I cycle therefore I am.

ANTONISH
Posts: 1514
Joined: 26 Mar 2009, 9:49am

Re: Worst dog incidents, and tips for dealing with them

Postby ANTONISH » 3 Jan 2019, 8:38am

Cugel wrote:
ANTONISH wrote:I've been following this thread with interest.
I'm nervous of loose dogs - when I was a child I was in a local park and an Alsation jumped up at me.....[snip]
I'm surprised there aren't more serious injuries due to these pests and their moronic owners.
I do not dislike dogs - and I can socialise with them -but many owners see them as their obedient or playful children instead of the pack animals they are.




Of course, humans are pack animals and, in very large packs (or even small ones) very dangerous indeed. Packs of children are particularly dangerous if left to run wild as they lack the inhibitions and understanding of adults. My own theory is that, until a certain age and maturity, they're best treated like dogs. Dogs, that is, that are well trained, looked after and nurtured rather than those that are treated merely as some sort of casual possession that can be ignored if you're not in the mood for them.



Cugel


That may well be but I am yet to be pursued by a snarling infant intent on taking a lump out of my leg.

Airsporter1st
Posts: 561
Joined: 8 Oct 2016, 3:14pm

Re: Worst dog incidents, and tips for dealing with them

Postby Airsporter1st » 3 Jan 2019, 9:32am

ANTONISH wrote:
Cugel wrote:
ANTONISH wrote:I've been following this thread with interest.
I'm nervous of loose dogs - when I was a child I was in a local park and an Alsation jumped up at me.....[snip]
I'm surprised there aren't more serious injuries due to these pests and their moronic owners.
I do not dislike dogs - and I can socialise with them -but many owners see them as their obedient or playful children instead of the pack animals they are.




Of course, humans are pack animals and, in very large packs (or even small ones) very dangerous indeed. Packs of children are particularly dangerous if left to run wild as they lack the inhibitions and understanding of adults. My own theory is that, until a certain age and maturity, they're best treated like dogs. Dogs, that is, that are well trained, looked after and nurtured rather than those that are treated merely as some sort of casual possession that can be ignored if you're not in the mood for them.



Cugel


That may well be but I am yet to be pursued by a snarling infant intent on taking a lump out of my leg.


Children can pose dangers other than nipping at your ankles.

User avatar
Cugel
Posts: 1264
Joined: 13 Nov 2017, 11:14am

Re: Worst dog incidents, and tips for dealing with them

Postby Cugel » 3 Jan 2019, 10:11am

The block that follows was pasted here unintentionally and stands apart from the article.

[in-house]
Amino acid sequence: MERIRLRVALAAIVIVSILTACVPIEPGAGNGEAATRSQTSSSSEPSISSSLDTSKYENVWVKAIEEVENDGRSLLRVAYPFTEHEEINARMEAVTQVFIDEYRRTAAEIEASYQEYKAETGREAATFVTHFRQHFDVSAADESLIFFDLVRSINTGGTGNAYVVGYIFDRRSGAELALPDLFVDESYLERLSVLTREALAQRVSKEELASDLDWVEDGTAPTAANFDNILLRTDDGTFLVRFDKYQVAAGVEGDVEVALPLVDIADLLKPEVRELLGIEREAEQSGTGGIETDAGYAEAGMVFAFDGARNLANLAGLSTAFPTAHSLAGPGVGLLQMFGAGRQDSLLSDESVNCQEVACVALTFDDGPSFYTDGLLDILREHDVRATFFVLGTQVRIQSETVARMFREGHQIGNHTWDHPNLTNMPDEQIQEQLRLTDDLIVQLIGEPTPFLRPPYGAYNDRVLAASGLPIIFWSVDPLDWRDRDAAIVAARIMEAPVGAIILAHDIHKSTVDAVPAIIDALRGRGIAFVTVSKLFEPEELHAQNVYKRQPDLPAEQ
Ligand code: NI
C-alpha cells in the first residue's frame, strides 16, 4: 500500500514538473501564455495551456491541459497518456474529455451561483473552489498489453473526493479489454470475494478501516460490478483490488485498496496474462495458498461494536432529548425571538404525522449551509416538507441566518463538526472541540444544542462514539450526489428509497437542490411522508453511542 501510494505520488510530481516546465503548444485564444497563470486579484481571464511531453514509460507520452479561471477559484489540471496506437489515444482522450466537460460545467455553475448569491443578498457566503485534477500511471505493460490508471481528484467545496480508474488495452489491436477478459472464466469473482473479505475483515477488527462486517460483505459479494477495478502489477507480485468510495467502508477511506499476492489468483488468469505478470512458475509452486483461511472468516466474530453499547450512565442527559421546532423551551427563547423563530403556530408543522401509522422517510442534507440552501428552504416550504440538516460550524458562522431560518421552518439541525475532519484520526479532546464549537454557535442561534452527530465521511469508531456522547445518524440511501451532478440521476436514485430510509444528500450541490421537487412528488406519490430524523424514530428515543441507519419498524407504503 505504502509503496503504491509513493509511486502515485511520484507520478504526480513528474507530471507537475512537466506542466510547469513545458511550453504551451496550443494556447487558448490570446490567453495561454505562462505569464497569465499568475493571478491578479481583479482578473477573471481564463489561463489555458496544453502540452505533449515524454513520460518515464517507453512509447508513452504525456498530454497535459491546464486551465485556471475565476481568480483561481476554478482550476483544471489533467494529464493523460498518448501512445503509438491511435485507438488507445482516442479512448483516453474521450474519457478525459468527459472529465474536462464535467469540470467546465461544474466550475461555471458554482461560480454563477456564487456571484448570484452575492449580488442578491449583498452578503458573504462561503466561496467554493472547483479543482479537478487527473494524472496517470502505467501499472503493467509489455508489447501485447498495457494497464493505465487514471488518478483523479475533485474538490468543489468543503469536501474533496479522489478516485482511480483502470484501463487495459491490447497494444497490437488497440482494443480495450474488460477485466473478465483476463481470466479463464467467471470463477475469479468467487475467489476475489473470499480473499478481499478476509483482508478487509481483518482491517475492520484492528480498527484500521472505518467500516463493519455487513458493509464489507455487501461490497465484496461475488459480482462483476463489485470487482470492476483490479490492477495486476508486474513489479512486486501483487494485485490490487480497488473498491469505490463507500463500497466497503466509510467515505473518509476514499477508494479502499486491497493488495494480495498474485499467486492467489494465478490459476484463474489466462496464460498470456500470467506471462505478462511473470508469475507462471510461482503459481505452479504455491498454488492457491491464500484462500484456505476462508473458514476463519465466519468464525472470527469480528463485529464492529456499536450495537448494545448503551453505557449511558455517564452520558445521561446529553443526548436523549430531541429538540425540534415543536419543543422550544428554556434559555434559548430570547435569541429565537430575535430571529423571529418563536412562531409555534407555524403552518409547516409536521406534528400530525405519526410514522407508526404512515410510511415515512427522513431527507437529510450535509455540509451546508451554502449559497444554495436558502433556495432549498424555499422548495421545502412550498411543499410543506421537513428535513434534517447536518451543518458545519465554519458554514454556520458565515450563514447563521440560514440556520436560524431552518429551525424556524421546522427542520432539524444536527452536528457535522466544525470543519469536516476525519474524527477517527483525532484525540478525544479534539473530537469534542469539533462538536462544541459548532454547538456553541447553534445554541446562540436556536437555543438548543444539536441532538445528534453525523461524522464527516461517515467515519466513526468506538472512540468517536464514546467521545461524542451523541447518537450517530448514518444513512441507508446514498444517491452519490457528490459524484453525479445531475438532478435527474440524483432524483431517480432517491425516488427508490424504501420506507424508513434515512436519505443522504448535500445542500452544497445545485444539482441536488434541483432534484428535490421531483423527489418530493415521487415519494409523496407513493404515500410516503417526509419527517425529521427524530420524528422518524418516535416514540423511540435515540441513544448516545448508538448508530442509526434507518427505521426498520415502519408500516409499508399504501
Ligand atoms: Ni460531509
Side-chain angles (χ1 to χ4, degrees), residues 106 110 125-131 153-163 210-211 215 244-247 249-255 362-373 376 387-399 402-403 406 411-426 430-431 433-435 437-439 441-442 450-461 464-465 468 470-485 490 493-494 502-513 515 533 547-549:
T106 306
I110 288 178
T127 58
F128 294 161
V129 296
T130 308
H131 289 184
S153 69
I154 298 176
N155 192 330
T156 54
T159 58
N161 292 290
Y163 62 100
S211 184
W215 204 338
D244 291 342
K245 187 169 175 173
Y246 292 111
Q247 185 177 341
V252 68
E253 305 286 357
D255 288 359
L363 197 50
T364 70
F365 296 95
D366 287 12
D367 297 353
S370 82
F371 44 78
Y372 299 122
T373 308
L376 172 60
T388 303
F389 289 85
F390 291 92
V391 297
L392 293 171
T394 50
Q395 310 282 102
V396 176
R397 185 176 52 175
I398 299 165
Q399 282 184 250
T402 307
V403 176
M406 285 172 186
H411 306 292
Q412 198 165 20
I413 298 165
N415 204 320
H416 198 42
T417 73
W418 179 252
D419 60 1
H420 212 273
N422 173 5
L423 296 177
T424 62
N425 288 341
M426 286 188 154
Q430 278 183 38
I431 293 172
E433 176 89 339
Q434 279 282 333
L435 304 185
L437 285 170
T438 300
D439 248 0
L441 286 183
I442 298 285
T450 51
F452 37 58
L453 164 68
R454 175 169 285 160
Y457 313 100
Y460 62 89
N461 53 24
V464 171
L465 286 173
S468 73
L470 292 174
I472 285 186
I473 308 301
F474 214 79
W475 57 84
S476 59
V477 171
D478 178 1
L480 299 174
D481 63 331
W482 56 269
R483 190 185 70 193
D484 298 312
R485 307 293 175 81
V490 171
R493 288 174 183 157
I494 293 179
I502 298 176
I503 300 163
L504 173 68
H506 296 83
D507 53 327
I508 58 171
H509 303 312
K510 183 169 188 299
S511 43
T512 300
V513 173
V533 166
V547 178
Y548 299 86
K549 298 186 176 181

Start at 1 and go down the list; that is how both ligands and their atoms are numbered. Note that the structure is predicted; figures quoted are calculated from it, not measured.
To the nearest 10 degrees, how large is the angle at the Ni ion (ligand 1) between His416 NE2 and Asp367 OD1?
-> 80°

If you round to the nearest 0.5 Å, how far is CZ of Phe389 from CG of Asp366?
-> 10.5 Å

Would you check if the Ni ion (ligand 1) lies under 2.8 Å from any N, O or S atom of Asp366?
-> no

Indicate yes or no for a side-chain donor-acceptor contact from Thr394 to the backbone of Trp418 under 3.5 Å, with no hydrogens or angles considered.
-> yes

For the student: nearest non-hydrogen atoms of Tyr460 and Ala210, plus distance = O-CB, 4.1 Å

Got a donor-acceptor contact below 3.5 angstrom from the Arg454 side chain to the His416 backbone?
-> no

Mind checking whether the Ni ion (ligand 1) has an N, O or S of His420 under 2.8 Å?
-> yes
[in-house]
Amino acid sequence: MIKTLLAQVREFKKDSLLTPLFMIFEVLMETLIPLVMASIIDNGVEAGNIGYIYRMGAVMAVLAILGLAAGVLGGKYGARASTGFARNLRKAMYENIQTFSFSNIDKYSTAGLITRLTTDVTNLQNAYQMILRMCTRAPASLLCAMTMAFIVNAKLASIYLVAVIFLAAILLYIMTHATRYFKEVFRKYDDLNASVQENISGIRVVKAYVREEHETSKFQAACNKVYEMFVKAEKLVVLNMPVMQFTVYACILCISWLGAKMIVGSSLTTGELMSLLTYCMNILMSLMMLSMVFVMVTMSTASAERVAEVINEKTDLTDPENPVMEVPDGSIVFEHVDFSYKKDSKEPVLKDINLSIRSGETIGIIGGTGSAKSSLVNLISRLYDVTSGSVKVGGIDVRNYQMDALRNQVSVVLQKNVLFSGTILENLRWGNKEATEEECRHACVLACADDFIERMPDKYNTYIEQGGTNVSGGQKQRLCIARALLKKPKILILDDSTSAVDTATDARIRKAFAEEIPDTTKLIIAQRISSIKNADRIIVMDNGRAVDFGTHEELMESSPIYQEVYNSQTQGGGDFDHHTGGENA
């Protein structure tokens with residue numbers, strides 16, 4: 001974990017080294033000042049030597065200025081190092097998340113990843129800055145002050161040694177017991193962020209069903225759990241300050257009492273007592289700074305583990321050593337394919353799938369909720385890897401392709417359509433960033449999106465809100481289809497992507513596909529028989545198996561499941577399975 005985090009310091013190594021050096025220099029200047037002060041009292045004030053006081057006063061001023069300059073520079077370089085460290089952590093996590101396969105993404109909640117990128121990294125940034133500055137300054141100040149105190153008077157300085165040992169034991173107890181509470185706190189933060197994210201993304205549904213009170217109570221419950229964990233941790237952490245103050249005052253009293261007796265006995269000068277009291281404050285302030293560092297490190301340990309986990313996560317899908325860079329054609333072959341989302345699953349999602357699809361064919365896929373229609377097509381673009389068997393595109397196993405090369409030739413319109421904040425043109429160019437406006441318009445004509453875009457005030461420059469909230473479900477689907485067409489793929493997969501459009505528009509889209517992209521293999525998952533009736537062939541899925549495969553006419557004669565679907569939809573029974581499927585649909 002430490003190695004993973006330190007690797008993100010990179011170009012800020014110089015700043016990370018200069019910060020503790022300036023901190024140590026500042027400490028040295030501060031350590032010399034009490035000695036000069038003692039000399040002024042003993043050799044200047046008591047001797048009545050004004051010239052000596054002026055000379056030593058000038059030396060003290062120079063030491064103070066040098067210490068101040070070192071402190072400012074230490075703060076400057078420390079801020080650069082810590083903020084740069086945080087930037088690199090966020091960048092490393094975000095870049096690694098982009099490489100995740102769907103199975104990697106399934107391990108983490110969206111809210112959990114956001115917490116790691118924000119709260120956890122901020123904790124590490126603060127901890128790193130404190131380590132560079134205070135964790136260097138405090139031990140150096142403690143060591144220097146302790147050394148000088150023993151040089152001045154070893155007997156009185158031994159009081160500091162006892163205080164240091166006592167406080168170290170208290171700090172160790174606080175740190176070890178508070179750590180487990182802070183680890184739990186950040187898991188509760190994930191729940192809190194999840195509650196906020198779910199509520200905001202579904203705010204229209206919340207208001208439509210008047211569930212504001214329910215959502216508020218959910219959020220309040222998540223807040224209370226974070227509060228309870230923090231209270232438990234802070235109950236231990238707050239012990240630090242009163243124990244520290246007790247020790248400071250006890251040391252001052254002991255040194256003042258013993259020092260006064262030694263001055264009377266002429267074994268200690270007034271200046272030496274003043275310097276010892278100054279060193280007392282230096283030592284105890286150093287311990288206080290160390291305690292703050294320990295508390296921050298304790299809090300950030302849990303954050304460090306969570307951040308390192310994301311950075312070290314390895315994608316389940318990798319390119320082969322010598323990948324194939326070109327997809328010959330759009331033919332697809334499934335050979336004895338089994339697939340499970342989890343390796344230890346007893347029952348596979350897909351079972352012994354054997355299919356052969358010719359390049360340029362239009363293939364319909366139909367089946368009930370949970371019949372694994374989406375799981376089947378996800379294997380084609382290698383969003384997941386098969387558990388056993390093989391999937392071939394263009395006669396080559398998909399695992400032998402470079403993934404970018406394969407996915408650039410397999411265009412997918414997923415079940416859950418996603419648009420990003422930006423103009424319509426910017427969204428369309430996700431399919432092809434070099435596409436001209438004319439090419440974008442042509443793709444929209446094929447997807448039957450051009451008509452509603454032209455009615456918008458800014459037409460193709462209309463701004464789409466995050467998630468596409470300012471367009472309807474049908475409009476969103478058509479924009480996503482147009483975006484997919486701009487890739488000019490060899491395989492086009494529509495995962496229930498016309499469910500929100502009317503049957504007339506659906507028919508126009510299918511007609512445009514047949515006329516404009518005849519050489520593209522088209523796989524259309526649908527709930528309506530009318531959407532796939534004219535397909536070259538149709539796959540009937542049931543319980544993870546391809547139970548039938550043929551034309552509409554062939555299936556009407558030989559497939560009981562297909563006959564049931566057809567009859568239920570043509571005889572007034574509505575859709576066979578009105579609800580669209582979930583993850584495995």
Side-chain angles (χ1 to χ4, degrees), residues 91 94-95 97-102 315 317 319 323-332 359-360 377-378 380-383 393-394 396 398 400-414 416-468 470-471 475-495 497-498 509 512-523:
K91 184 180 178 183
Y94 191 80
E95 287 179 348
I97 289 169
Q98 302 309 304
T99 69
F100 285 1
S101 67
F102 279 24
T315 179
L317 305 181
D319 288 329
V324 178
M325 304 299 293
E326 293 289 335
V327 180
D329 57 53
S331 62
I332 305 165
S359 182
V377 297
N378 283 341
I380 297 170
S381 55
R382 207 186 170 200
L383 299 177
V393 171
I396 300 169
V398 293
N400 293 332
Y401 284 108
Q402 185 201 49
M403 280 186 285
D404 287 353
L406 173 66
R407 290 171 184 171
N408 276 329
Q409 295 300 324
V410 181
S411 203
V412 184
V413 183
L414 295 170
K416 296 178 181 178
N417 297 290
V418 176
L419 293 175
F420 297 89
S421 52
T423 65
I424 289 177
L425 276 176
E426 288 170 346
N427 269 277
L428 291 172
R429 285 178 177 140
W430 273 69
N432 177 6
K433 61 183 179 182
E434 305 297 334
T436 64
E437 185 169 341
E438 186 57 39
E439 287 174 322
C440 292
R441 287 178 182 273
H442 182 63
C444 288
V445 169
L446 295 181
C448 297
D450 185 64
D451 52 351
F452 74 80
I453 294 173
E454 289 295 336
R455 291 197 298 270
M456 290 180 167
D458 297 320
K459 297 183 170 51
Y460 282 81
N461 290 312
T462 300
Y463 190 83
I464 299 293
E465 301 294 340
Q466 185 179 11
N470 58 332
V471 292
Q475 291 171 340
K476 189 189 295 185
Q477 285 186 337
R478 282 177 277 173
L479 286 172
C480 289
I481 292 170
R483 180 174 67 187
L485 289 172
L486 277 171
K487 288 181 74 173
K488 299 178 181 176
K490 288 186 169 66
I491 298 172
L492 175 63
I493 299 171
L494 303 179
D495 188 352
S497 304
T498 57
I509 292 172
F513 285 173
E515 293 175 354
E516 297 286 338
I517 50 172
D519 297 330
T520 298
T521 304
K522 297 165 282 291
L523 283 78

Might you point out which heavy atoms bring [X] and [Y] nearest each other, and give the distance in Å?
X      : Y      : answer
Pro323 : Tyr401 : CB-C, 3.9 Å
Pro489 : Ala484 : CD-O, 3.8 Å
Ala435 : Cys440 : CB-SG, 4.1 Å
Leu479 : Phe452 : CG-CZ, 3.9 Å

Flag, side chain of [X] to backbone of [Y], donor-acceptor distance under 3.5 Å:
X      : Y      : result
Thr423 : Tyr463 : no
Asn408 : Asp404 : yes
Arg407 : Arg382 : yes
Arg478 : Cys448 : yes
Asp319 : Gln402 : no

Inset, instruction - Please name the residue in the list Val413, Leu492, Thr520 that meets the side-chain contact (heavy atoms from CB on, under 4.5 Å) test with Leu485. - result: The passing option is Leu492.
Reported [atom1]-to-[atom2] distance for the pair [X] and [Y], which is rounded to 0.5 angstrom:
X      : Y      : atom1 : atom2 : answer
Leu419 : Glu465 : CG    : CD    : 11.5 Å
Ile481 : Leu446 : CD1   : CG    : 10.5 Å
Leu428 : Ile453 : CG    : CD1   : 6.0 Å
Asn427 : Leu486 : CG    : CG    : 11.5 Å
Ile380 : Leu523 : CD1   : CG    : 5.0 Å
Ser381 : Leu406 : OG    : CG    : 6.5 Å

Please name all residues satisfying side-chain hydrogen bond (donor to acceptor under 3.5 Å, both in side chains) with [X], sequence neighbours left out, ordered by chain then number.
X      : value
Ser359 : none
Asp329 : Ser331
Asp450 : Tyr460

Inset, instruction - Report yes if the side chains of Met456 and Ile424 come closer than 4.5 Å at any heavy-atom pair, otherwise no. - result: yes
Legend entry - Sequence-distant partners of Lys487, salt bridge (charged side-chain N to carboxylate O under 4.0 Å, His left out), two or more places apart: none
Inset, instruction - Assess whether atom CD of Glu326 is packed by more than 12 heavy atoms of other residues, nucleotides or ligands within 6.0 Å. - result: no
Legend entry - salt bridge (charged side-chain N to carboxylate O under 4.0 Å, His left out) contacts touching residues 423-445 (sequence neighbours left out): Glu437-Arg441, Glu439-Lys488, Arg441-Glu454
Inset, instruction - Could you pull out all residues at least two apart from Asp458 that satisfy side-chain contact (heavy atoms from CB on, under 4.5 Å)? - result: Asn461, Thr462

Airsporter1st wrote:
ANTONISH wrote:
Cugel wrote:




Cugel


That may well be but I am yet to be pursued by a snarling infant intent on taking a lump out of my leg.


Children can pose dangers other than nipping at your ankles.


Mr A would be astonished by the feral children of various locales, especially those of the more degraded cities and certain estates wherein "the authorities" dump all their problem families. Those children really do run in packs. They are quite vicious in various physical fashions that are far worse than a bit of ankle nipping.

I was once part of a chain gang that passed down the side of such an area. It was not unusual to have the feral children casting rocks from their parapets or throwing spears made from ripped-up fencing at our spokes. They achieved more than one hit, which did some bluddy damage from time to time albeit nothing very serious (just luck and good bike handling, there).

When I was a lad in Tyneside, serious injuries inflicted by children were commonplace. By "serious" I mean requiring hospitalisation and, in one infamous case, two deaths. (Two young teenagers pushed two German tourists off a cliff edge).

Humans are nasty, if left untrained in the ways of civilisation. From the late 1940s to about a decade ago, things were improving slowly, as "child poverty" (as the euphemism goes) was reduced ever so slowly. But lately we are seeing an increase in that poverty and the associated evil behaviours. Gangs of young children armed to the teeth with knives have seen the headlines. They're the tip of an iceberg.

Cugel

Ontherivet77
Posts: 208
Joined: 3 Jun 2009, 3:20pm
Location: Lancashire

Re: Worst dog incidents, and tips for dealing with them

Postby Ontherivet77 » 3 Jan 2019, 10:17am

Until recently I was the owner of a lovely Labrador, who liked nothing better than having mooch down the local towpaths. One thing dog ownership teaches is you is that other dog owners are not always honest about the nature of their own beloved beasts, as the amount of bites my dog received from supposedly friendly animals testified to.
However, the modern dog is not a pack animal ( as was stated previously) as they are no longer wolves and should not be confused as such, as Cugel stated they are more like infantilised children.
One thing coming from this thread is that cyclists are angry on the road because of motorists and off road seem to be angry at dogs and dog owners. I thought cycling was good for the mental well being, so how a about a bit more of the live and let live ethos when out on our travels.

As for dealing with aggressive dogs, be confident, show no fear and deliver a swift kick if absolutely necessary.

MikeF
Posts: 3673